At the end of February the little loaf blog turned one. As the anniversary approached I started to think about ways in which I could celebrate, pulling together pictures of cakes, recipes for frosting and decorating techniques from my various recipe folders, bookmarks and pinboards. However, even as ideas began to take form for lines of little loaf cakes, sparkling candles and layers of chocolate, I realized I wanted to do something a little more special. Not necessarily anything fancy, but a new challenge to kick off the year to come.
The answer, in all its simple, slow brewing, tangy tasting glory was to start a sourdough culture. Mulchy, brown and bubbling away in a little kilner jar, it was hardly going to provide the glamour shots I’d originally intended for this first birthday post with my multi-tiered celebration cake. But it was exciting in its own way – an acknowledgement of how far I’ve come since that very first wholemeal loaf emerged from my oven and the start of something new. Continue reading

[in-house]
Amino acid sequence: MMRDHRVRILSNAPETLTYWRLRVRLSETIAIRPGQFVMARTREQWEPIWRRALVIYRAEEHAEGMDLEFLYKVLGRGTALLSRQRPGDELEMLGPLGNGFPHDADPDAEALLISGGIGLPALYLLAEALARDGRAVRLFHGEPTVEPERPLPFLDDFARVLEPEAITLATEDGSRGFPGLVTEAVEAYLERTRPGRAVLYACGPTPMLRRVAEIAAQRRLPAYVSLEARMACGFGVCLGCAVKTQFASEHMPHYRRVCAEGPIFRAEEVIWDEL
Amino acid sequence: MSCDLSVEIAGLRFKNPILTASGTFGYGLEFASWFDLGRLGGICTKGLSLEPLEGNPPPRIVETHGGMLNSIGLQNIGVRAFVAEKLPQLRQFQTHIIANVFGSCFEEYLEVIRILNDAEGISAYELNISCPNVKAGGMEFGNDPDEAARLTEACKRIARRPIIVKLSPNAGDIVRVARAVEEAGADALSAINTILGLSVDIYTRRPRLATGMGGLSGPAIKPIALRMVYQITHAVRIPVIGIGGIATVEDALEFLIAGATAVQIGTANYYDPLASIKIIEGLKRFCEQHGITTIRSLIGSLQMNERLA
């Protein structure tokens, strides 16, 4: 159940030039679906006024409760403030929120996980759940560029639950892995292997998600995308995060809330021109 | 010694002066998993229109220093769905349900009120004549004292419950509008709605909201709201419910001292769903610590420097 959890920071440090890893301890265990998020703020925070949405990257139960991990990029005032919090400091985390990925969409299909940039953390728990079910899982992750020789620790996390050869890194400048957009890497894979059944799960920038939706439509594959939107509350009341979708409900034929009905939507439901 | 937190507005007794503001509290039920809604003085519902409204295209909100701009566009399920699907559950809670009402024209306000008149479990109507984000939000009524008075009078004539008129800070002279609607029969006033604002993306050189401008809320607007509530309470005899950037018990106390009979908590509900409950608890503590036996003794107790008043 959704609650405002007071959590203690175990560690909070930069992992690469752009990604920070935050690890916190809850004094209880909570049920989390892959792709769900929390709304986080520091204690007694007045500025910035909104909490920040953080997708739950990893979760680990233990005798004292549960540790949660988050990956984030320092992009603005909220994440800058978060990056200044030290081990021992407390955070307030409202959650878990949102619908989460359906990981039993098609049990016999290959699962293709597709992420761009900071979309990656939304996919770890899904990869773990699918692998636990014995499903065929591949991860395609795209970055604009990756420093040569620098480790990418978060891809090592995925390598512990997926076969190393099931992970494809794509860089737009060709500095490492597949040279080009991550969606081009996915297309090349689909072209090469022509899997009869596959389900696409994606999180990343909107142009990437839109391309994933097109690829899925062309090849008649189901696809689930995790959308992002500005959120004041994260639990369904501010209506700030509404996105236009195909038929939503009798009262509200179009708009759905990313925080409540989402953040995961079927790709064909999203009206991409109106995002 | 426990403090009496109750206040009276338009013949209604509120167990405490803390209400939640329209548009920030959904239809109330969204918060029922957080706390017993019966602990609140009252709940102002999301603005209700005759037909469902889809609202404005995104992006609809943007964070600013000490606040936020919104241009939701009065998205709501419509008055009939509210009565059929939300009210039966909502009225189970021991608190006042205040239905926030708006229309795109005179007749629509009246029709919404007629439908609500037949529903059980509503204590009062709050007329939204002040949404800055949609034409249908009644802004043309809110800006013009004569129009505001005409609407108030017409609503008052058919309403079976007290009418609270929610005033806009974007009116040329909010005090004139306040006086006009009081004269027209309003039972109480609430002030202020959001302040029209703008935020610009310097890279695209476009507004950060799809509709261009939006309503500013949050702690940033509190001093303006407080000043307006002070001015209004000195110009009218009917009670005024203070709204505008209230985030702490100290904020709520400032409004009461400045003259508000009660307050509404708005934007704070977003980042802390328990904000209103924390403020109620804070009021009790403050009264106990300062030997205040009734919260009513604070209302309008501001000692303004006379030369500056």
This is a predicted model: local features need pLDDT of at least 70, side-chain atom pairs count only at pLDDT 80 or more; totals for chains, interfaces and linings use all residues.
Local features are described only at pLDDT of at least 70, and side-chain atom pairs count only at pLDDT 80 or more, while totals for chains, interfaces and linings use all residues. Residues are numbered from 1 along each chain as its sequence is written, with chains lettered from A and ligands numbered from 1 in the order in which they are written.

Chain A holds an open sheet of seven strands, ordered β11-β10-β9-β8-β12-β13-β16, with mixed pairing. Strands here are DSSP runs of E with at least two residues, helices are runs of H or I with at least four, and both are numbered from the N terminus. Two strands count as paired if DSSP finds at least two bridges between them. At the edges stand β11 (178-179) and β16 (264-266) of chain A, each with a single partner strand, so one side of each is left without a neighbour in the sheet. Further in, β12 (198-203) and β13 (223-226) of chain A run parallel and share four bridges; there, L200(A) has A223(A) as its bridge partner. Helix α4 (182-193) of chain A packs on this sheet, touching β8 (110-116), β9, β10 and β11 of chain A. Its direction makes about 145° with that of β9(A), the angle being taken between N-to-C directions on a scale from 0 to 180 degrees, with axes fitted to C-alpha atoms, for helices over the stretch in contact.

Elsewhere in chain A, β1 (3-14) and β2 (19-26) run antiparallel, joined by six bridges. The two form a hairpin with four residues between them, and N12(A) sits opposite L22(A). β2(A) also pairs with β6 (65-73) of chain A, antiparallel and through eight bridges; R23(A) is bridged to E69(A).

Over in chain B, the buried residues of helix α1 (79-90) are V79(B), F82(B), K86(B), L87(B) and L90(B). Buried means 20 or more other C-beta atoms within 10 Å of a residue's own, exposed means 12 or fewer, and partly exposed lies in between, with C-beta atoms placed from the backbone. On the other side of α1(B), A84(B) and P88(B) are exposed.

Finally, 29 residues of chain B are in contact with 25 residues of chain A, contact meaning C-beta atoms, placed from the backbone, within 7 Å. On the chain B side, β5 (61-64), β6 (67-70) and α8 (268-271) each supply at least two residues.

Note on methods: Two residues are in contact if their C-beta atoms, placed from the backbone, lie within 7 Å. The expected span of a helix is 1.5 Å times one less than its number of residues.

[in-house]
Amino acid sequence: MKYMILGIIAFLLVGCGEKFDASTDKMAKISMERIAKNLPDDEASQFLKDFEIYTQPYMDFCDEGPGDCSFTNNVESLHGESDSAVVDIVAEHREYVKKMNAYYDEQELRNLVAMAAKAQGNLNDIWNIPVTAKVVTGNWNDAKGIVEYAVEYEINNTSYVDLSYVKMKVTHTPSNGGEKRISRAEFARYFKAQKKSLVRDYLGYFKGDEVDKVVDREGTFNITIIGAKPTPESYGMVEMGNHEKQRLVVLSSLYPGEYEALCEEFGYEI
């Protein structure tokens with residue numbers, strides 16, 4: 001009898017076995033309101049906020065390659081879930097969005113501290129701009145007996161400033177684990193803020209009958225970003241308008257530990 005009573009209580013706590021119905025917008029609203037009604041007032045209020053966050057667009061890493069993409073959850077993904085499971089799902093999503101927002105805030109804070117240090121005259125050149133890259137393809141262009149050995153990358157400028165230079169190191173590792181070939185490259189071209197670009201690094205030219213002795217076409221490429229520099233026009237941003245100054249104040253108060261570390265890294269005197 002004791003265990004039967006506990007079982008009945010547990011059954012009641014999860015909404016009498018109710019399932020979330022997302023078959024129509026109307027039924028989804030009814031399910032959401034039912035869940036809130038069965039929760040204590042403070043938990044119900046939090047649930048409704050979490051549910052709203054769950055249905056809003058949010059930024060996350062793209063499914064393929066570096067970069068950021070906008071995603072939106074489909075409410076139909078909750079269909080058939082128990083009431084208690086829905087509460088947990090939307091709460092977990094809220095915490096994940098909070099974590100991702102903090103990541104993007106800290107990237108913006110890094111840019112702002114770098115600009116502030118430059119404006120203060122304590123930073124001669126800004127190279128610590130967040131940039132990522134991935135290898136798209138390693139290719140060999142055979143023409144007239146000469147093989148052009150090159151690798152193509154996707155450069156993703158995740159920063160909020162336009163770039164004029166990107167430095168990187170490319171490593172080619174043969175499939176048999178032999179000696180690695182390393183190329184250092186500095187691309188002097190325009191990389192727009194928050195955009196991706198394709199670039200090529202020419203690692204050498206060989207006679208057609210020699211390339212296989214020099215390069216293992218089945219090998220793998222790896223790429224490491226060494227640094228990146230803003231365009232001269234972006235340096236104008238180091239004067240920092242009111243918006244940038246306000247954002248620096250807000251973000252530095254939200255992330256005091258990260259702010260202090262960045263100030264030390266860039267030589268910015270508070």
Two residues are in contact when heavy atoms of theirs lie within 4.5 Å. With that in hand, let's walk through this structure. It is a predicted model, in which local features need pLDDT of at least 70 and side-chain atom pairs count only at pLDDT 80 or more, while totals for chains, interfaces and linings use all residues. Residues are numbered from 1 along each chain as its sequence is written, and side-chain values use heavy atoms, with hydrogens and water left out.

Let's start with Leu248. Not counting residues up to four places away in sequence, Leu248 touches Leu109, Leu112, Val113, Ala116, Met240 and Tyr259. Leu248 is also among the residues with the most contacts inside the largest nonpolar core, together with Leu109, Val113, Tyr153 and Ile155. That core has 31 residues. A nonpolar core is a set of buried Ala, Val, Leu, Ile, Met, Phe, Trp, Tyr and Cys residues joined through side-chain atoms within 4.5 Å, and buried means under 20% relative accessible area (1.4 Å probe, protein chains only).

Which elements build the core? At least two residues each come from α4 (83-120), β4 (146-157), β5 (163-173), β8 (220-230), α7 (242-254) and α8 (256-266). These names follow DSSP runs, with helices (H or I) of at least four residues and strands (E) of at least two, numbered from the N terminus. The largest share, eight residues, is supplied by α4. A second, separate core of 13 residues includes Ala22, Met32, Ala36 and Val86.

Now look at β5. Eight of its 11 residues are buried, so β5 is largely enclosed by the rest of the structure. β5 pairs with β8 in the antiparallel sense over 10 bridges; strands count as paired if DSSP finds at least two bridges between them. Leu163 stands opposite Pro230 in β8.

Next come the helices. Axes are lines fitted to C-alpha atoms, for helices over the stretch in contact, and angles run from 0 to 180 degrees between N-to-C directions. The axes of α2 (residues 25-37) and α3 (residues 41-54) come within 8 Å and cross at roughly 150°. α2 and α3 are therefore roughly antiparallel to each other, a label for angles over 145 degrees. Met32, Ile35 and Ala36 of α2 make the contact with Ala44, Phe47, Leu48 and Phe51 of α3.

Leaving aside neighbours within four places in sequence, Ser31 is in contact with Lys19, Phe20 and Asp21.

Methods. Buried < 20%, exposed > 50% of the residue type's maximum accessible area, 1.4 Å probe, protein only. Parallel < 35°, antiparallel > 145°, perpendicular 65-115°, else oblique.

Homemade eggs benedict
James Ramsden is a high achiever. Trained at Ballymaloe cookery school in Ireland, he started blogging back in 2008 and has since carved himself a career as a respected food writer for The Guardian, The Times, Sainsbury’s magazine and more. Not content with writing for broadsheets, magazines and maintaining a successful blog, he also runs a popular supper club from his home in North London and has just published his first book. All at the tender age of 24. That’s two years younger than me. By rights I should be green with envy.
Hot toasted muffins with salty butter
But I’m not. There’s something extremely likeable about James and his attitude to food. He wants cooking to be simple and he wants it to be enjoyable. He appreciates the fact that, for most people, eating isn’t necessarily an endless succession of dinner-party-standard meals – that in any given week we’ll fluctuate between feeding large groups of friends and throwing together a solitary supper. His attitude reminds me of a cross between a younger Jamie Oliver (minus the cheeky chappy vocab) and my own boyfriend (like James, Carniverous Boyfriend is a Yorkshire boy). Maybe it’s an age thing. Maybe it’s a boy thing. But I definitely feel like there’s a lot I can learn from his enthusiastic, experimental, laid-back approach to cooking. Food should be fun.